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PD IEC TR 62936 pdf free download

PD IEC TR 62936 pdf free download.Test method development – Guidelines for substance selection.
5 Process flow steps
5.1 Chemical substance list
Substances under consideration for test method development are found in the IEC 62474 materials declaration database and other readily available sources. The IEC 62474 database is generally the initial source of information since it provides a vetted and frequently updated list of substances that is under scrutiny by either having regulatory obligations associated with them or potentially will be in the future. Given the large number of substances either being regulated or under consideration for regulation, this database provides an effective screening of substances present in electrotechnical products. The IEC 62474 validation team is responsible for maintenance of the materials declaration database.
5.2 Substance filtering process
Given the large number of substances that are potential candidates for test method development, a systematic approach is needed for reducing the number of candidates for consideration before final selection. This can be accomplished by employing a filtering process. The basis of the filtering process is to apply a set of criteria that defines the timeliness and impact for test method development for a particular substance. Important categories for the filtering criteria include:
• presence of substance in the final product;
• regulatory or market requirements;
• regional impact;
• regulatory impact;
• intentional addition of substance;
• strategic or future impact;
• test method development.
Table 1 details the criteria and associated weighting factors to be used in the filtering process. Note that the criteria pertaining to “regulatory or market requirements” and “regulatory impact” are assigned scores based on the information used by the IEC 62474 validation team for assessing which substances are added to the database. For substances not listed in the database a similar assessment will need to be performed. The list of criteria and its relative weighting will be revised annually since the regulatory environment is dynamic. The weighting factors used are adopted from the Quality Function Deployment/Six Sigma methodology [3], [4]. Although the output from this process is a scoring for the substances under consideration, its intention is only to identify those substances where test method development would be most impactful or provide the most value to the electrotechnical industry. Technical Committee (TC) 111 will be tasked to determine, based on the scored list, which substances will be included in the final selection process.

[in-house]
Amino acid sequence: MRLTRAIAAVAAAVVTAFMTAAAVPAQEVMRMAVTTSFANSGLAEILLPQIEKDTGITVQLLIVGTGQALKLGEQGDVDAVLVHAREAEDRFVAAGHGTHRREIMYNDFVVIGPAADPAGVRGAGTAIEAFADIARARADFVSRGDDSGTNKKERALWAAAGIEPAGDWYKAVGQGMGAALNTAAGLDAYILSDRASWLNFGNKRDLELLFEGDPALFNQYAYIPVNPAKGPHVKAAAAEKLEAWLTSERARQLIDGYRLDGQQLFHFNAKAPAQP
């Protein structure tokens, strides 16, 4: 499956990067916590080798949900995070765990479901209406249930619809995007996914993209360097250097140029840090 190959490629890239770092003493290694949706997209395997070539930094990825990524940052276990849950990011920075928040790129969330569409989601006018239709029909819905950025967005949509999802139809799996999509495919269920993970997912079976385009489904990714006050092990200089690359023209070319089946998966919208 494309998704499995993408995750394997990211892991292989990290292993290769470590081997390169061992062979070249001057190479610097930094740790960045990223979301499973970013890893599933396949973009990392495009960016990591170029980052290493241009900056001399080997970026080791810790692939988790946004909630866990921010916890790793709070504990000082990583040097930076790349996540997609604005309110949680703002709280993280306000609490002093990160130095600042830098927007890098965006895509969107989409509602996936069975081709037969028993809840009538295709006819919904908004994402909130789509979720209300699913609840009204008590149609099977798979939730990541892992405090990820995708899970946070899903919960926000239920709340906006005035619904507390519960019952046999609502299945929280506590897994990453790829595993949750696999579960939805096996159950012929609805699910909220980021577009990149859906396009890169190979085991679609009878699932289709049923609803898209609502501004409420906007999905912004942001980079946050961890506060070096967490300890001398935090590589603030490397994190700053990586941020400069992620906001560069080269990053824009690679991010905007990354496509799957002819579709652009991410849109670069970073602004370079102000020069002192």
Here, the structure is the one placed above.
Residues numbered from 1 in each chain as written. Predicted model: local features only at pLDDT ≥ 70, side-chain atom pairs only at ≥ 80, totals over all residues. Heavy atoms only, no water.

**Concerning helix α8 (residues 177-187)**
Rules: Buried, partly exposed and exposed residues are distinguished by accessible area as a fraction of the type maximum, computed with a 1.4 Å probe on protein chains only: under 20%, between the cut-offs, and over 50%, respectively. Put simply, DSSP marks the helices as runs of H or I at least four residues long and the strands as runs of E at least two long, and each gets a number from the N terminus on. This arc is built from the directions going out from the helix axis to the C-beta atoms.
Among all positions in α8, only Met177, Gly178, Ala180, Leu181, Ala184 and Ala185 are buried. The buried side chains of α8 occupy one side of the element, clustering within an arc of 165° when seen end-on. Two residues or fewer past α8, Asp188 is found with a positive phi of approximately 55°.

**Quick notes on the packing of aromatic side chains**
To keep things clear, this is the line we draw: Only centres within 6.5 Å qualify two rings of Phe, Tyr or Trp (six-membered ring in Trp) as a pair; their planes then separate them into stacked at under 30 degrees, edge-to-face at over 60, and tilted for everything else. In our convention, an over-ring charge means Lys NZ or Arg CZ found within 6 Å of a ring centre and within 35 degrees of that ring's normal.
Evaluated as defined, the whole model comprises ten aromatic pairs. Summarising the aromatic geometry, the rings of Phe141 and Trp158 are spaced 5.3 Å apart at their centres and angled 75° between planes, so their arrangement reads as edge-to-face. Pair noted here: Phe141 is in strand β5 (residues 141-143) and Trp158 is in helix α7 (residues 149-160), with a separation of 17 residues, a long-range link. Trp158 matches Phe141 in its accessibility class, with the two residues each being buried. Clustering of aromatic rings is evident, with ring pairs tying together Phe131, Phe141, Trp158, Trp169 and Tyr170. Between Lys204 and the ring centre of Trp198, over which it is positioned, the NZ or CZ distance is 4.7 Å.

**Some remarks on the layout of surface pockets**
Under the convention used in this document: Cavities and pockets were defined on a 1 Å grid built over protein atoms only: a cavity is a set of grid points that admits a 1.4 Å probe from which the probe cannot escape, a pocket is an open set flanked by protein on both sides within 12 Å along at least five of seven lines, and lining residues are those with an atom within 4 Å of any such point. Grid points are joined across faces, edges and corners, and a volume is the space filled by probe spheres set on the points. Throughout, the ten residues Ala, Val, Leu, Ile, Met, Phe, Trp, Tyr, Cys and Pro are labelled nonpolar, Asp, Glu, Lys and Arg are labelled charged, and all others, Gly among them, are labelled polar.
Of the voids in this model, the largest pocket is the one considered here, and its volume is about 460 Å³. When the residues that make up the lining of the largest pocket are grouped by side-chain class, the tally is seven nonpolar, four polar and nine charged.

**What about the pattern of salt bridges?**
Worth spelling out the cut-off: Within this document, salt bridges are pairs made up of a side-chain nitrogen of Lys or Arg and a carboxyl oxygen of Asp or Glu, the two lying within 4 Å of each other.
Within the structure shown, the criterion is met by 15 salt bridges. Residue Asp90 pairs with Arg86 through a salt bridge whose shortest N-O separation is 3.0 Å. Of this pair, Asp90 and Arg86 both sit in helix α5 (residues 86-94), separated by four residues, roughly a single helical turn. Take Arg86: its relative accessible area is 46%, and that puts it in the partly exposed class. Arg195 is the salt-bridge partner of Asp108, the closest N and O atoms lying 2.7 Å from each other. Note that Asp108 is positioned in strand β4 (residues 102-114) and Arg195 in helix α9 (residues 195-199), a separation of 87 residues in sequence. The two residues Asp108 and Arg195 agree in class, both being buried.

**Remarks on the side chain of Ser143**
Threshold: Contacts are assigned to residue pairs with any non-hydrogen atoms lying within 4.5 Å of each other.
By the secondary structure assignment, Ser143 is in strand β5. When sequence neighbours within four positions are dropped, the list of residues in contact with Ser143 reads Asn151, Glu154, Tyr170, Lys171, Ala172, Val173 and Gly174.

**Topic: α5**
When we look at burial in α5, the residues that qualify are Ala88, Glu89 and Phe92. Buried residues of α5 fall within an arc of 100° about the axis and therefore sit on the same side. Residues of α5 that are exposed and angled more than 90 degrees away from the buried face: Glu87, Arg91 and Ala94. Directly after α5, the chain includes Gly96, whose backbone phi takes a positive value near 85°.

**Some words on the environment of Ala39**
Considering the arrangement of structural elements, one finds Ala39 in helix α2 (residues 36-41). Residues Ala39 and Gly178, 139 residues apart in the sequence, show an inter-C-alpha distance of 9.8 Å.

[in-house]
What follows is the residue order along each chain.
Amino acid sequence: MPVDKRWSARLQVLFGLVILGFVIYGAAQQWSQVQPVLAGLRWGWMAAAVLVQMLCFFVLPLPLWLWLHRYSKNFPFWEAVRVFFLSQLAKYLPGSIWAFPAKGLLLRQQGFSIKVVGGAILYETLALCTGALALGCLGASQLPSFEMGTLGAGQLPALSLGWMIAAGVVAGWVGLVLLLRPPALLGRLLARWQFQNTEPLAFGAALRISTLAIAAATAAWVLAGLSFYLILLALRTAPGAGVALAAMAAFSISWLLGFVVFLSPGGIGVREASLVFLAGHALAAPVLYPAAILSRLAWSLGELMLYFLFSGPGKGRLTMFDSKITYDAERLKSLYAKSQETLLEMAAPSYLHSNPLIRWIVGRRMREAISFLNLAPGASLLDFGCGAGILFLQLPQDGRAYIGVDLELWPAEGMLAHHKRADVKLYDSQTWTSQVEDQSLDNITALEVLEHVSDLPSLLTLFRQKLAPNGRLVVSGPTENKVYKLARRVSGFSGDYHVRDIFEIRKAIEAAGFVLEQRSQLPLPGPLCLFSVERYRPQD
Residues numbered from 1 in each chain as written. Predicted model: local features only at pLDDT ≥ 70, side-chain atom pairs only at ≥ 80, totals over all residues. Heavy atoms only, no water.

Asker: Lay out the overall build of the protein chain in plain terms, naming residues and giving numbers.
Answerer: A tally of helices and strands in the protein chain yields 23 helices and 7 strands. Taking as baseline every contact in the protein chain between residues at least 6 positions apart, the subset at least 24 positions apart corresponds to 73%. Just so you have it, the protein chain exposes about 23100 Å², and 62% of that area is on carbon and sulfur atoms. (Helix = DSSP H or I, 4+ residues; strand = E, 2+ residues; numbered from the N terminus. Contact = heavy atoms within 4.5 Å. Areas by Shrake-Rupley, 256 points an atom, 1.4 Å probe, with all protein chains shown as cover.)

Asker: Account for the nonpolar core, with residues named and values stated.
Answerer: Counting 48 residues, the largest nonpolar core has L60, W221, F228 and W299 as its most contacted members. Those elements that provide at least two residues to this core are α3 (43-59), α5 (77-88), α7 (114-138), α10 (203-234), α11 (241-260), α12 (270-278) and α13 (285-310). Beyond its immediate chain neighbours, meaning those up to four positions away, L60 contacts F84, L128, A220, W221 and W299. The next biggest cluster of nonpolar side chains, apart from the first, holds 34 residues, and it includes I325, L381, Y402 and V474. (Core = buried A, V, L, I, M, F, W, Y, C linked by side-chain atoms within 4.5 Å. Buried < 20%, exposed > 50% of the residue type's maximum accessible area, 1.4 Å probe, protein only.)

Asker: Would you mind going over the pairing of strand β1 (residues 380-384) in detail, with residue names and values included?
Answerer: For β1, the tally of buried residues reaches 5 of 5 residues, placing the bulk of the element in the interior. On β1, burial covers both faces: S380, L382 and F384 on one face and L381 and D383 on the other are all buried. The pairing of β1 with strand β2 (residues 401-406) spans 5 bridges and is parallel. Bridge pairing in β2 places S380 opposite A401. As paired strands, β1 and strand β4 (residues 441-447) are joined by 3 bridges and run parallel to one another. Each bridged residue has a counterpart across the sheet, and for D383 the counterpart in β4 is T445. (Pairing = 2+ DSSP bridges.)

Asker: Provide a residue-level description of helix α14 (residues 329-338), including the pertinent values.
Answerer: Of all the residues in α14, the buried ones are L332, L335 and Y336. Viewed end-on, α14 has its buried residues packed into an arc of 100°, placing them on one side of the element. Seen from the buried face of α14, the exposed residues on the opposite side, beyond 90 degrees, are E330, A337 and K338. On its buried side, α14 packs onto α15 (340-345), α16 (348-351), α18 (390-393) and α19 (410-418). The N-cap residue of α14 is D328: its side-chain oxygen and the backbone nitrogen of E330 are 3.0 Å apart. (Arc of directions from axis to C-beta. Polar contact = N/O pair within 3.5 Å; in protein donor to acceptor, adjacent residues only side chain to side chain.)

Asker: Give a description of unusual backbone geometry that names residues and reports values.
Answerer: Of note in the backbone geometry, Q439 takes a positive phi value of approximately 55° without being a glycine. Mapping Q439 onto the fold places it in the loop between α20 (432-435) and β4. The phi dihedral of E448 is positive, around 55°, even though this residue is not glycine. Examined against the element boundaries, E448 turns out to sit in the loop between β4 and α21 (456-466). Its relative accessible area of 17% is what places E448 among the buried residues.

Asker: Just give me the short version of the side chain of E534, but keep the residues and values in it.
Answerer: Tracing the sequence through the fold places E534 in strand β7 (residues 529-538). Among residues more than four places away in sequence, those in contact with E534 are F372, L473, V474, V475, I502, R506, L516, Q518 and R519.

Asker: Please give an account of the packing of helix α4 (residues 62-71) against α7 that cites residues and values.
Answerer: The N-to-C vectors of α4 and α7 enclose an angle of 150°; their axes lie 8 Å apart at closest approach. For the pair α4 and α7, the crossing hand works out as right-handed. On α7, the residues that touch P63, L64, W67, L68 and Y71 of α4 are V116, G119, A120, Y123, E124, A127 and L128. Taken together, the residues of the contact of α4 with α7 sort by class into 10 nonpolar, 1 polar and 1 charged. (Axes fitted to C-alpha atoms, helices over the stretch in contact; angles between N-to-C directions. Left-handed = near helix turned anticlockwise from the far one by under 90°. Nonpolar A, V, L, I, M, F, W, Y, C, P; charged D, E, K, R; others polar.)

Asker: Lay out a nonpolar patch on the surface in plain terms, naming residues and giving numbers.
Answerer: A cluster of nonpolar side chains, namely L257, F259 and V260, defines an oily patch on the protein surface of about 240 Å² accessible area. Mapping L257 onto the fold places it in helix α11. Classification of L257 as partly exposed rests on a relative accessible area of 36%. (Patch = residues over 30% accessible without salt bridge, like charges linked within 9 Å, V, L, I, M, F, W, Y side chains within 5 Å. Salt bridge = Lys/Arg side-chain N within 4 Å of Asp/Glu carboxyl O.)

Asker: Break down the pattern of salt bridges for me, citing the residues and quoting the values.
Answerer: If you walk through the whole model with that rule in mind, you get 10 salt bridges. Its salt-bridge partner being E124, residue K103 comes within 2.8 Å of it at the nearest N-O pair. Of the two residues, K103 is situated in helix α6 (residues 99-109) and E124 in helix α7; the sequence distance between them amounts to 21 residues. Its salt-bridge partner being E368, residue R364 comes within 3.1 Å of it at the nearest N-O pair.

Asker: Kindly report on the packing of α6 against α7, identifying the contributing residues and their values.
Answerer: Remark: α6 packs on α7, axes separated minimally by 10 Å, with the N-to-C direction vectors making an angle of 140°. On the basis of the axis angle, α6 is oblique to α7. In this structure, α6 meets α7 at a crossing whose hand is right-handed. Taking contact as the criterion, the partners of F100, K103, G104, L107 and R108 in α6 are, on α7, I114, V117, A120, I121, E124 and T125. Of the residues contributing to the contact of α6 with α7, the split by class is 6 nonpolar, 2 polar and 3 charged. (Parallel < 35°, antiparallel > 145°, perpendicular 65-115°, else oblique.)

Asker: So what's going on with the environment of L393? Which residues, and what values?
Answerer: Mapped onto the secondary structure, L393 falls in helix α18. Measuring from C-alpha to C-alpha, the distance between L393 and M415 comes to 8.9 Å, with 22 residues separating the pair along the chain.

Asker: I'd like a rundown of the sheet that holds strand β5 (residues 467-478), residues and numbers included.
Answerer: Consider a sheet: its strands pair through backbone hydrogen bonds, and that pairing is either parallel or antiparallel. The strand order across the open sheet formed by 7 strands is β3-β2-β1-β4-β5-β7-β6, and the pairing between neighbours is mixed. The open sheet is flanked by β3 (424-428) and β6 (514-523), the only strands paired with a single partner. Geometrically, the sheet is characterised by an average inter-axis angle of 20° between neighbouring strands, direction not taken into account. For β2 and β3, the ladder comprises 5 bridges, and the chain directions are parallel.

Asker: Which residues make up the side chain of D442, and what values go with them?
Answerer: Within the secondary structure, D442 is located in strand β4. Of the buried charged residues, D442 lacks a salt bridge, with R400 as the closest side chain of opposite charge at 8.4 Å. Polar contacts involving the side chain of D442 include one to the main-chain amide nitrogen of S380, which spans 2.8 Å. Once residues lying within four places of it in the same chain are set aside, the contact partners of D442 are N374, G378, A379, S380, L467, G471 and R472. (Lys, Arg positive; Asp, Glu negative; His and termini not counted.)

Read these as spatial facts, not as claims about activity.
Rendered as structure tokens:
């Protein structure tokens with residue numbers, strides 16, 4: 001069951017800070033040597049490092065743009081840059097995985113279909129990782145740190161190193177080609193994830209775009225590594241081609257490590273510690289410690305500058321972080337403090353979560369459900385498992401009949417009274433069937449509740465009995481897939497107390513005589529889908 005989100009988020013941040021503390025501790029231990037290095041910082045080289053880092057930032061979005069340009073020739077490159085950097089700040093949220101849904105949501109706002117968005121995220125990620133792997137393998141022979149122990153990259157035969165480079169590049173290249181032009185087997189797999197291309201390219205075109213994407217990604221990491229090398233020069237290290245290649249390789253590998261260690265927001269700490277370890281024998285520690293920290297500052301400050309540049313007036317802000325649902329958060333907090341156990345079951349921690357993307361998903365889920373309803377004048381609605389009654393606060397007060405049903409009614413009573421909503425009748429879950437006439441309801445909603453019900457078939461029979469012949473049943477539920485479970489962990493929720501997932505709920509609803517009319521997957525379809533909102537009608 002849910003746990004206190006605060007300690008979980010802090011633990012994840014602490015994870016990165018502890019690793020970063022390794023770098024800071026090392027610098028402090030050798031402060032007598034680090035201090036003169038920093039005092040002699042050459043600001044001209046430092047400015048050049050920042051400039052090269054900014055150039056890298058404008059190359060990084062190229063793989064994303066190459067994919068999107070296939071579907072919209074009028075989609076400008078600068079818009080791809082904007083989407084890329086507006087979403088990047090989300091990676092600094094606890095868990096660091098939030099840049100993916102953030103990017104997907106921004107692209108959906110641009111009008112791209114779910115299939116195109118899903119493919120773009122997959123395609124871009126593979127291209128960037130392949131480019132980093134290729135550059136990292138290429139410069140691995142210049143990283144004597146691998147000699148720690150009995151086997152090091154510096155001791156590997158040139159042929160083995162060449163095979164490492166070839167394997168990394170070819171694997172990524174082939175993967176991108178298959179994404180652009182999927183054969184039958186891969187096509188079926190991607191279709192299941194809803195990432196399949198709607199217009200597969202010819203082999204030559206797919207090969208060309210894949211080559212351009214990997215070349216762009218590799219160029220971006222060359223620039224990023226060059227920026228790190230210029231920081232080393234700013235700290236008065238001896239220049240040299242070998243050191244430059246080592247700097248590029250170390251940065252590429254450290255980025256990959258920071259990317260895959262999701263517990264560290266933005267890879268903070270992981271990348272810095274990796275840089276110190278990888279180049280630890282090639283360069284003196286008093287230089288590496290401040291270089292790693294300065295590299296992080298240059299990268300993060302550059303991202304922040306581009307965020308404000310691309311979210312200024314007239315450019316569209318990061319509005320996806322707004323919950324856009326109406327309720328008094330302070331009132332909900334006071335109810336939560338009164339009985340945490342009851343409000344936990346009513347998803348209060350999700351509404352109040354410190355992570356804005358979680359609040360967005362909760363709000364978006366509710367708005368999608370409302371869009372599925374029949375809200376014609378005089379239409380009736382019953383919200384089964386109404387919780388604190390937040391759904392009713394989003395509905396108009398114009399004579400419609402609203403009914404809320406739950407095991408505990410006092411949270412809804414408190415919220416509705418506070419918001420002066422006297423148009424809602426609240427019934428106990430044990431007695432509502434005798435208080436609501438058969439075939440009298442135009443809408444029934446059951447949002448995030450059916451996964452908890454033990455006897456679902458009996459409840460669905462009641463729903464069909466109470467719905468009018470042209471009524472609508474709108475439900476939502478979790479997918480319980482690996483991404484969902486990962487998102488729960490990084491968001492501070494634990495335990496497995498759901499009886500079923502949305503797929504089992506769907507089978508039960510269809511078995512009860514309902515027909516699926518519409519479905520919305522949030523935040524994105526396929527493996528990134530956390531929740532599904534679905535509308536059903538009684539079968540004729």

5.3 Substance filtering criteria
5.3.1 Substance presence in final EEE product
This criterion is the first filter since the intent is to only choose substances that are expected to be present in the final end product. Substances that are used as process chemicals in the manufacture of the product but are either removed or chemically transformed in the final product are outside the scope of this process. This step is also one of the criteria used by the IEC 62474 validation team to determine its inclusion into the declaration substance list database.
5.3.2 Regulatory or market requirements
The regulatory status and timetable for enforcement of a substance may define the need for test methods to support conformity assessment. Reporting and/or restriction of a substance may require validation through chemical analysis. The greater the regulatory requirement is, the greater the need is for available assessment capabilities. For this document, the categorization of the substance criteria is taken from the definitions in lEG 62474 as defined by IEC Criteria 1, 2 and 3 (see Introduction). Additionally, the criteria are expanded to include voluntary requirements which may include some regulatory and non-regulatory requirements. Market requirements would fall under this category since they may also be an important consideration for test method development. Although they are not necessarily legal requirements in nature, they may greatly impact the ability of a product to enter a market. Examples of market driven requirements include the Low Halogen initiative, EPEAT® and others where substance type and concentration within a product may have defined allowable threshold values. Compliance to these market requirements are often used as a means for ensuring the procurement of EEE of demonstrated environmental “green-ness”.
5.3.3 Regional impact
This criterion defines the geographical impact of a regulation. The scope of a particular regulation has been defined in this criterion to be local, regional or global. The greater the geographical reach of the regulation the higher the assigned scoring for this criterion. For example, RoHS would be considered a global regulation although it originates from the EU. Many other countries particularly those in Asia are adopting their own version of RoHS. Although the details among the different country regulations may be different, the basic requirements are consistent. Alternatively, California Proposition 65 [5] is specific to products being sold in that locality. Its requirements are particularly unique with respect to the list of substances within its scope, the requirements concerning reporting, threshold levels and many others. For this example, it would be scored as a local impact since it is unlikely to be adopted outside of the United States in the foreseeable future.PD IEC TR 62936 pdf download.

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